$
1,443

 
$
1,245

2020
 
1,171

 
1,176

2021
 
1,005

 
1,064

2022
 
922

 
965

2023
 
746

 
880

v3.19.1
Debt, Obligations Under Capital Leases and Deemed Landlord Financing Liabilities
12 Months Ended
Jan. 01, 2019
Debt Disclosure [Abstract]  
Debt, Obligations Under Capital Leases and Deemed Landlord Financing Liabilities
Debt, Obligations Under Capital Leases and Deemed Landlord Financing Liabilities
The Company’s debt, obligations under capital leases and deemed landlord financing liabilities at January 1, 2019 and January 2, 2018 consisted of the following (in thousands): 
 
 
January 1, 2019
 
January 2, 2018
2015 Senior Credit Facility, net of debt discount of $459 and $747 and deferred financing costs of $155 and $252 at January 1, 2019 and January 2, 2018, respectively
 
$
158,386

 
$
152,001

Total outstanding indebtedness
 
158,386

 
152,001

Obligations under capital leases and deemed landlord financing liabilities
 
21,311

 
20,053

Total debt, net
 
179,697

 
172,054

Less: amounts due within one year
 
1,033

 
1,415

Total amounts due after one year, net
 
$
178,664

 
$
170,639

 
At January 1, 2019 and January 2, 2018, the Company assessed the amounts recorded under the 2015 Senior Credit Facility and determined that such amounts approximated fair value.
2015 Revolving Credit Facility
On August 4, 2015, the Company refinanced its existing senior credit facility and entered into a new credit agreement (the “Credit Agreement”). The Credit Agreement, which matures on August 4, 2020, provides for a $250 million revolving credit facility (the “2015 Senior Credit Facility”).
At the Company’s option, loans under the 2015 Senior Credit Facility may bear interest at a base rate or LIBOR, plus an applicable margin determined in accordance with a consolidated total lease adjusted leverage ratio-based pricing grid. The base rate is calculated as the highest of (a) the Federal Funds Rate plus 1⁄2 of 1%, (b) the prime rate of Bank of America, and (c) LIBOR plus 1.00%. For LIBOR loans, the applicable margin is in the range of 1.50% to 2.50%, and for base rate loans the applicable margin is in the range of 0.50% and 1.50%. The 2015 Senior Credit Facility capacity used to support letters of credit currently incurs fees equal to the applicable margin of 1.75%. The 2015 Senior Credit Facility unused commitment currently incurs a 0.20% fee.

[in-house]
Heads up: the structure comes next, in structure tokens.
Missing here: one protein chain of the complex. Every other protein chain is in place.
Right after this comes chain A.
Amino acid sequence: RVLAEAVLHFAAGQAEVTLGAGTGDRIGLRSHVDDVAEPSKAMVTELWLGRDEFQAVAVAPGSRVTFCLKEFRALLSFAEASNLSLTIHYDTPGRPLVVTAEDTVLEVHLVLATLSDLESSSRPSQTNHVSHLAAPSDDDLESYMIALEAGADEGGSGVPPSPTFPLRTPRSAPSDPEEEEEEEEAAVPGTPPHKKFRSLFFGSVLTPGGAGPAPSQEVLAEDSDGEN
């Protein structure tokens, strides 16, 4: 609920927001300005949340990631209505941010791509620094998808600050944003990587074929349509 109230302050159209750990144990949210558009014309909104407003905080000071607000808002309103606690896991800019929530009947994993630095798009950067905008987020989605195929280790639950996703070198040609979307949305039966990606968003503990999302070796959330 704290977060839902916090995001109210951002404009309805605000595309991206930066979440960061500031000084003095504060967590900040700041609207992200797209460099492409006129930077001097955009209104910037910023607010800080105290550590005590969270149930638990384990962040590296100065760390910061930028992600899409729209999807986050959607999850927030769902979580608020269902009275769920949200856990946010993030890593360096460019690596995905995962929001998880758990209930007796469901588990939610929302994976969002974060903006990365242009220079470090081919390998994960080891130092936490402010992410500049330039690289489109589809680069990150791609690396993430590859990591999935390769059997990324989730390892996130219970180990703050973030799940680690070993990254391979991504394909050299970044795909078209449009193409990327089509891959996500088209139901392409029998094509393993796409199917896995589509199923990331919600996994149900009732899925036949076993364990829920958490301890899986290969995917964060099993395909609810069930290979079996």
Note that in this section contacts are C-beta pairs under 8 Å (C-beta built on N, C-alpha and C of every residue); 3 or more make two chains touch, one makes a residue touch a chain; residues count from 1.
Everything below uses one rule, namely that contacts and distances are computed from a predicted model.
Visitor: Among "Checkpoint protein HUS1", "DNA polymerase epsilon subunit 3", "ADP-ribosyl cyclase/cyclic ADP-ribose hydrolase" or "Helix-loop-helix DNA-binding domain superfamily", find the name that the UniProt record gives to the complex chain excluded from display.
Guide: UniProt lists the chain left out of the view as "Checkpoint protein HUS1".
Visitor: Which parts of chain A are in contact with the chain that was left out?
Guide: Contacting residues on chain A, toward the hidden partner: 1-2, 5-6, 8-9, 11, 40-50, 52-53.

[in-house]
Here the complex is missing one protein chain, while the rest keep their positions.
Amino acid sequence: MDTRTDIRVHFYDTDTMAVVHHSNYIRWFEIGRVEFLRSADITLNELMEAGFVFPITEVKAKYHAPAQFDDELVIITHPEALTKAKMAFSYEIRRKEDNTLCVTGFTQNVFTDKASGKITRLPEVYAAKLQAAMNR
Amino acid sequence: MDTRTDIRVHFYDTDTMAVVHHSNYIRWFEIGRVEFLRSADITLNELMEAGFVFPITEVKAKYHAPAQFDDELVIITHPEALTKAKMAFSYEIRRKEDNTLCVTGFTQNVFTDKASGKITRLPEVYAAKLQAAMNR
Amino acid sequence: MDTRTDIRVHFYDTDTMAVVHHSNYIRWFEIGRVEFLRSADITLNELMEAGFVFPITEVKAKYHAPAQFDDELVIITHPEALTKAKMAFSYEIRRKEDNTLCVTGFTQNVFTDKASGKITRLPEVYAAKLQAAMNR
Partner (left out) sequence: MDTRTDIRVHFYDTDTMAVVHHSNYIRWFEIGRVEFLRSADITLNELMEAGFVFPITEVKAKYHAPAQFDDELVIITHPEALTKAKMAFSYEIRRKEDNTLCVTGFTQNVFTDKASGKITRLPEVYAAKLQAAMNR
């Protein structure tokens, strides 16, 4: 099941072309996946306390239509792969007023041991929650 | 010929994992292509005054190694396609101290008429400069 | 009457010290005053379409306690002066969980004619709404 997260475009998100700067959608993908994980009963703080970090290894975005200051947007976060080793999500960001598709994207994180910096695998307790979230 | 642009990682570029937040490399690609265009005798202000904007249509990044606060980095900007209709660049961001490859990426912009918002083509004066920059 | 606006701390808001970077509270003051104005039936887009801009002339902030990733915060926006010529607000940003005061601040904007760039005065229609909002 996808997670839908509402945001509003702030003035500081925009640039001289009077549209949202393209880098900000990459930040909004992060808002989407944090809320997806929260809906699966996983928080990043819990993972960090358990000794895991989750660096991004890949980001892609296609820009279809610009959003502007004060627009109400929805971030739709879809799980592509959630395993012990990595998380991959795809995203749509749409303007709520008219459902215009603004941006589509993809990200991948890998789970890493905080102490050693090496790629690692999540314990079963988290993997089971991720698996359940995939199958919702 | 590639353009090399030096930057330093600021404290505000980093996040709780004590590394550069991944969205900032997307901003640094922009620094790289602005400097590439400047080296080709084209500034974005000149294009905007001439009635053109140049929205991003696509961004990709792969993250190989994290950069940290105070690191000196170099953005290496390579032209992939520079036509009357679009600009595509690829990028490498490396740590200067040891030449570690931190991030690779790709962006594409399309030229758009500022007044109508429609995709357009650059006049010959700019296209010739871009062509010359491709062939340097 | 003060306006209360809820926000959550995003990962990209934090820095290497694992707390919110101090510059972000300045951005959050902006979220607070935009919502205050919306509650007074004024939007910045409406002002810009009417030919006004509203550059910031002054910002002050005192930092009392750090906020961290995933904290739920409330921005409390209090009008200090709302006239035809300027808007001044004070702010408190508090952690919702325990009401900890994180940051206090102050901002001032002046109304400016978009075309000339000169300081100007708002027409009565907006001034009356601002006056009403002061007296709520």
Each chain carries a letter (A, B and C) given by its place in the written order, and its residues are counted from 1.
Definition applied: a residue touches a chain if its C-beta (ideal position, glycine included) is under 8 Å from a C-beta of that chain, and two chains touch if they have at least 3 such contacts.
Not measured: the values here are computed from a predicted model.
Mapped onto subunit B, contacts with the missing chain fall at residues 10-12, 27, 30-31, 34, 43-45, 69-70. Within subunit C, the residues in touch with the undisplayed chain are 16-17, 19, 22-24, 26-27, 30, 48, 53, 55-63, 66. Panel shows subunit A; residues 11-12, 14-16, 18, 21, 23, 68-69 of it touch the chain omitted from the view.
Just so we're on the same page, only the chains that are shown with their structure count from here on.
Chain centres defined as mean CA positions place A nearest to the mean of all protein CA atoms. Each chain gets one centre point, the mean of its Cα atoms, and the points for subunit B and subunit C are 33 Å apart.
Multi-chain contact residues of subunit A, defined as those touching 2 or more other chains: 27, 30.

The Credit Agreement contains certain financial covenants, including the maintenance of a consolidated total lease adjusted leverage ratio and a consolidated fixed charge coverage ratio. The Company was in compliance with the financial covenants as of January 1, 2019. Substantially all of the assets of the Company are pledged as collateral under the 2015 Senior Credit Facility.
The Company capitalized lender debt discount costs and deferred financing costs of $1.4 million and $0.5 million, respectively, in connection with the refinancing. Lender debt discount costs and deferred financing costs associated with the 2015 Senior Credit Facility are presented net of the 2015 Senior Credit Facility balance on the consolidated balance sheets and will be amortized to interest expense over the term of the 2015 Senior Credit Facility. Amortization of deferred financing costs and debt discount related to the 2015 Senior Credit Facility totaled $0.4 million for each of the fifty-two weeks ended January 1, 2019, the fifty-two weeks ended January 2, 2018 and the fifty-three weeks ended January 3, 2017.
At January 1, 2019, the weighted average interest rate on the outstanding balance of the 2015 Senior Credit Facility was 4.27%. At January 1, 2019, the Company had a total of $73.7 million of availability for additional borrowings under the 2015 Senior Credit Facility as the Company had $159.0 million of outstanding borrowings and $17.3 million of letters of credit outstanding which reduce availability under the 2015 Senior Credit Facility.
Other Debt Information

Based on debt agreements and leases in place as of January 1, 2019, future maturities of debt, obligations under capital leases and deemed landlord financing liabilities were as follows (in thousands):
 
2019
 
$
1,033

2020
 
159,881

2021
 
832

2022
 
777

2023
 
927

Thereafter
 
16,861

Total maturities
 
180,311

Less: debt discount and deferred financing costs
 
(614
)
Total debt, net
 
$
179,697

v3.19.1
Derivative Instruments
12 Months Ended
Jan. 01, 2019
Derivative Instruments and Hedging Activities Disclosure [Abstract]  
Derivative Instruments
Derivative Instruments
In June 2016, the Company entered into an interest rate cap agreement that became effective July 1, 2016, to hedge cash flows associated with interest rate fluctuations on variable rate debt, with a termination date of March 31, 2020 ("2016 Interest Rate Cap Agreement"). The 2016 Interest Rate Cap Agreement has a notional amount of $70.0 million of the 2015 Senior Credit Facility that effectively converted that portion of the outstanding balance of the 2015 Senior Credit Facility from variable rate debt to capped variable rate debt, resulting in a change in the applicable interest rate from an interest rate of one-month LIBOR plus the applicable margin (as provided by the 2015 Senior Credit Facility) to a capped interest rate of 2.00% plus the applicable margin. During the period from July 1, 2016 through January 1, 2019, the 2016 Interest Rate Cap Agreement had no hedge ineffectiveness.